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WE beg to refer the attention of Gentlemen who take an interest in the support of Hunting and the well-doing of the Turf to the Notice that appears in the last page of our Advertising Sheet, for a TESTIMONIAL to Mr. TONGUE, for the zealous manner in which he has advocated the interests of those two great National Amusements. His pen has for some years been devoted to their practical improvement: indeed so ably and assiduously, that we think there is no one more entitled to the valuable thanks of the Sporting World.

The "Letters on the Road" will not suit: the ribbons have been too well handled on the same line already.

"Catechumen" must have made a mistake in addressing his "Use of the Surplice" to us: his messenger had better fetch it.

The Paper on "The Martingale" appeared in our pages some few months back, in our May Number.

"Q.'s" question had better be referred to Bell's Life.

"T. R."-There are twenty-six Hunting Maps out.

Received: Rees's "Diary and Almanac," sold by Graham, of Aldgate. It is a useful little book and descrves patronage.

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Nov. 27. From the frost on the preceding night it was doubtful if the hounds would meet to-day; but Mr. Davis, who never loses an opportunity when it is possible to have a start, and the sun breaking out before noon, arrived at Salt Hill with the pack at half-past twelve.A hind was uncarted, and after the usual law, the hounds went away with a burning scent at the top of their speed for Burnham Beeches, where the chase dodged about for some time, and then off for Lady Grenville's Park at Dropmore, thence to Beaconsfield at a tremendous pace without a check, turned to the left for Hotspur Gate, and down to the farm-yard at Hotspur Bottom, where disdaining to take shelter, she bent her course to the left, making right for Wickham, where "bellows to mend" was evident in many of the tits, and most part of the Field cried "enough!" At Wickham she took soil in the millstream, but, being pressed, she mounted the steep hill on the opposite side of the water, which proved too much for her exhausted state, and on returning to the stream, she fell a sacrifice to the gallant pack, no one being up to whip them off. It was an out-and-out run of an hour and twenty minutes over at least twenty miles of country. Several of the Surrey Gentlemen were at the bottom of the hill, and the Noble Master came up shortly after.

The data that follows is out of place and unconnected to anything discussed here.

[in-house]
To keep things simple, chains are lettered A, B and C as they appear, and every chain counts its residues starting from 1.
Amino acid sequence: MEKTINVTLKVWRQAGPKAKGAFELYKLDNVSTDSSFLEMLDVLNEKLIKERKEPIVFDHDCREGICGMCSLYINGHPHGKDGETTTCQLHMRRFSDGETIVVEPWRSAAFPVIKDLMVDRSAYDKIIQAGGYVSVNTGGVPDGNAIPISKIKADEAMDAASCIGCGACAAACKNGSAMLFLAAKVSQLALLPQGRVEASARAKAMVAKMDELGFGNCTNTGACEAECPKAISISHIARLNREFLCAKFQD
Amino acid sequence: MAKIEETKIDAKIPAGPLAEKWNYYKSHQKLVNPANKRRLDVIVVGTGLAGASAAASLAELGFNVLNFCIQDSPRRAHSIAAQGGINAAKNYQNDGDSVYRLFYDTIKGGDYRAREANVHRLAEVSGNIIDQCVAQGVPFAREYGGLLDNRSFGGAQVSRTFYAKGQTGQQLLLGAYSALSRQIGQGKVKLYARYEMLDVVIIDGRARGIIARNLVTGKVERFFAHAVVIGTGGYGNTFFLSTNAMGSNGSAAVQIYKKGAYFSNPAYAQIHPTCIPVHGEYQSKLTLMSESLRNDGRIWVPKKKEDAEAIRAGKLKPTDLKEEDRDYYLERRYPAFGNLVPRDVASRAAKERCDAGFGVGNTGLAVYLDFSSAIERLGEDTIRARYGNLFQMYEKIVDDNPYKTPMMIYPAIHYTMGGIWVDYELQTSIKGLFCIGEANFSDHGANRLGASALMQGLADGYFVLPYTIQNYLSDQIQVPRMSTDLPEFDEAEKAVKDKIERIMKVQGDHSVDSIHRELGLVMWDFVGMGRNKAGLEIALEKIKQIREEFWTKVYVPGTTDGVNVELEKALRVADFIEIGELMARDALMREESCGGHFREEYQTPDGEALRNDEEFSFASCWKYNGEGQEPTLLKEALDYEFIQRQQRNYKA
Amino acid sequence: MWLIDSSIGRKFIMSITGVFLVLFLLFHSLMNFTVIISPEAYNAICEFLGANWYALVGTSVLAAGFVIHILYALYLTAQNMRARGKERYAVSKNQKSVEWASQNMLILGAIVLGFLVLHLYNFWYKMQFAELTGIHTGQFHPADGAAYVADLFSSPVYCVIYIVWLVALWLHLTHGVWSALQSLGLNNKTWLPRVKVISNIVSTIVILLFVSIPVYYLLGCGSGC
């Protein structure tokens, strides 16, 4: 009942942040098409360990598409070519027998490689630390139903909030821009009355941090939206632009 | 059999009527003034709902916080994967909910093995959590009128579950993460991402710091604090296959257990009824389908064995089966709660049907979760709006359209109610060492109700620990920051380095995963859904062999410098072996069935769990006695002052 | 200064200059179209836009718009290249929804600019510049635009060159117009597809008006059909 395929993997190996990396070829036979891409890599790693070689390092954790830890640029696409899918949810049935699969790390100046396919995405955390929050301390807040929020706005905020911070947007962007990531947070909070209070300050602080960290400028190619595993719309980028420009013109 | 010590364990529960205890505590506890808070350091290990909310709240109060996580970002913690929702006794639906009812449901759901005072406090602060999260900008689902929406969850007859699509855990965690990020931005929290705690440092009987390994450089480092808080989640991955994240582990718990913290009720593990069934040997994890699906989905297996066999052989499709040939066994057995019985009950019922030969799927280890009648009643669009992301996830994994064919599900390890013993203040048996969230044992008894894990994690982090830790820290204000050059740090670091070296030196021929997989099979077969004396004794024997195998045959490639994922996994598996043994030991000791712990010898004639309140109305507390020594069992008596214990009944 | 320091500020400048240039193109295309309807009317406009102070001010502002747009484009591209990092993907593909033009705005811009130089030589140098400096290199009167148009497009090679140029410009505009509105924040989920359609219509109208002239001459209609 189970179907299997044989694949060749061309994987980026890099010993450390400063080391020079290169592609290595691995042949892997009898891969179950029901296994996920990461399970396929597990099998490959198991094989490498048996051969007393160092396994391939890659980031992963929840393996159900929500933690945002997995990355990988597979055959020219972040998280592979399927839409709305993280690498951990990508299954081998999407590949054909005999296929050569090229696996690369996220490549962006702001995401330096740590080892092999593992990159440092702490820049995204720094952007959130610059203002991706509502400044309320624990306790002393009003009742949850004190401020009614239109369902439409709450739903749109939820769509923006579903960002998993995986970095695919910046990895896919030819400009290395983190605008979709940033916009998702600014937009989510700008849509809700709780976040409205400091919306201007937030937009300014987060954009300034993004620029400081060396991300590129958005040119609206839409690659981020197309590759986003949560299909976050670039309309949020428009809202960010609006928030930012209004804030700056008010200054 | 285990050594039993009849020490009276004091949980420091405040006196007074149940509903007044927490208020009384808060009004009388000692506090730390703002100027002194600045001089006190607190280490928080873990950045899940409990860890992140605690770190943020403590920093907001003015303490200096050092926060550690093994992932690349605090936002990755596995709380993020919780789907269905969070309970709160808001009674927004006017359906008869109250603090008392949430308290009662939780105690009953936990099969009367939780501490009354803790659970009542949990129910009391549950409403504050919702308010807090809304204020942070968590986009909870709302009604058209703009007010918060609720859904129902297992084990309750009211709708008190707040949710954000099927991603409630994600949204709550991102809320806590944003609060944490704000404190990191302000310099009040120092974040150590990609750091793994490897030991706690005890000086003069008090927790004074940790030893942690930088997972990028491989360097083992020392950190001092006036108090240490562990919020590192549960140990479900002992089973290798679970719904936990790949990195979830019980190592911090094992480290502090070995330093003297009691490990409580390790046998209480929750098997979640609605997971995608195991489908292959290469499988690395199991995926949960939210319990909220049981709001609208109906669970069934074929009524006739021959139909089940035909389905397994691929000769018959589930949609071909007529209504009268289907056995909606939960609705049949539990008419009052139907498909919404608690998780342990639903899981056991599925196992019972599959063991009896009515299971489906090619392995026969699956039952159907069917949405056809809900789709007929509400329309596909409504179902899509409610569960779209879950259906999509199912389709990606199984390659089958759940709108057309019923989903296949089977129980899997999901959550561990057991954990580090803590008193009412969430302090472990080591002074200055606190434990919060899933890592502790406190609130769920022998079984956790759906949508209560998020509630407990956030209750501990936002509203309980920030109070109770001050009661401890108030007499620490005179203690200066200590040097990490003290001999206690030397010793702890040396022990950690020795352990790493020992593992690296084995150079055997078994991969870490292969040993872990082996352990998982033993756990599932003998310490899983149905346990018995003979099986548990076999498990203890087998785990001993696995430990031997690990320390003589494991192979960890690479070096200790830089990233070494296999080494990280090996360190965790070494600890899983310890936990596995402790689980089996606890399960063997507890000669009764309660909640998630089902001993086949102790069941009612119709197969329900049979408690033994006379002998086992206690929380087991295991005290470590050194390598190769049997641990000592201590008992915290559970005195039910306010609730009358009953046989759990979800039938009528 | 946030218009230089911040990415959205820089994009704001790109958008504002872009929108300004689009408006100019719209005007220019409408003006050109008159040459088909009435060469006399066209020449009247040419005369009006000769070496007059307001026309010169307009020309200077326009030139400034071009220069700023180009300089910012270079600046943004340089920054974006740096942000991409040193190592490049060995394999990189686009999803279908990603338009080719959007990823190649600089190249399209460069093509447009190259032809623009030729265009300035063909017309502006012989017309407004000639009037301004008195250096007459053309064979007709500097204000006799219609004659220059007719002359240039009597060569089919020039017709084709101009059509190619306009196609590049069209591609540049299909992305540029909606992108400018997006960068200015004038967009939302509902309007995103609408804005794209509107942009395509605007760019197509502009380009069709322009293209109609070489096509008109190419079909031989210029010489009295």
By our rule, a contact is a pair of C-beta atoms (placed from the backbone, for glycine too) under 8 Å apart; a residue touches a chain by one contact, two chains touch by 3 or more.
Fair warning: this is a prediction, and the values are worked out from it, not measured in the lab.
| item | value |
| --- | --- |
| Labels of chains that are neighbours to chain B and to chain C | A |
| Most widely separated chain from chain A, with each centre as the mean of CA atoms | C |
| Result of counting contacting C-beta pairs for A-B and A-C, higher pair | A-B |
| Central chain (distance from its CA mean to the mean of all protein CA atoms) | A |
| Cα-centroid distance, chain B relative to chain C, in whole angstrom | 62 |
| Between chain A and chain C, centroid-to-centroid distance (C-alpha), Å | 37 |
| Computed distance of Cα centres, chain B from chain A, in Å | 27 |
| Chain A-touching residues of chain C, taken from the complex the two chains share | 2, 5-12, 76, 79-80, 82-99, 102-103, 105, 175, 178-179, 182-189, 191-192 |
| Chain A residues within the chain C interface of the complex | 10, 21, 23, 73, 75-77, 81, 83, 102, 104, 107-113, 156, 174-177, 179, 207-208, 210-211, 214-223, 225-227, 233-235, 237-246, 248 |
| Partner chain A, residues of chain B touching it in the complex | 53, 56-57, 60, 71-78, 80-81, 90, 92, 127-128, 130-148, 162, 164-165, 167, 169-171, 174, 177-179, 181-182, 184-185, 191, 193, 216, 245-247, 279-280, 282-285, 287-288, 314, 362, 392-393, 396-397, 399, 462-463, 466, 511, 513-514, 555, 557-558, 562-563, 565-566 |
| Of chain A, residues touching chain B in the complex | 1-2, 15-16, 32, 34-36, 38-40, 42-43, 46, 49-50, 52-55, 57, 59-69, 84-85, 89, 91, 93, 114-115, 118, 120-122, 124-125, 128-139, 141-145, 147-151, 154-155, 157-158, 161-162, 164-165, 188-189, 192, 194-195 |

Nov. 29.-Maidenhead; a large Field.-Uncarted at Maidenhead Thicket, and after a ringing run, doubled back to Maidenhead, and crossed the Thames to Cliefden, the hounds and horsemen passing over the bridge. Upwards of an hour elapsed before the scent was recovered; but at length she was found near Lord Orkney's, at Taplow, and the hounds being laid on, they went away by the Village, nearly to Burnham, crossing the Great Western Railway near Two-mile Brook, on to Cippenham, back to Eton Wick, and again to the Thames, taking refuge on the rocks near Boveney, when the hounds were called off from the day closing in, leaving the deer at liberty to choose on which side she would land on terra firma.

Dec. 2.-Uncarted at Brick Bridge: had a good run of little more than an hour, and took at Sawyer's Gate, near Sunning Hill.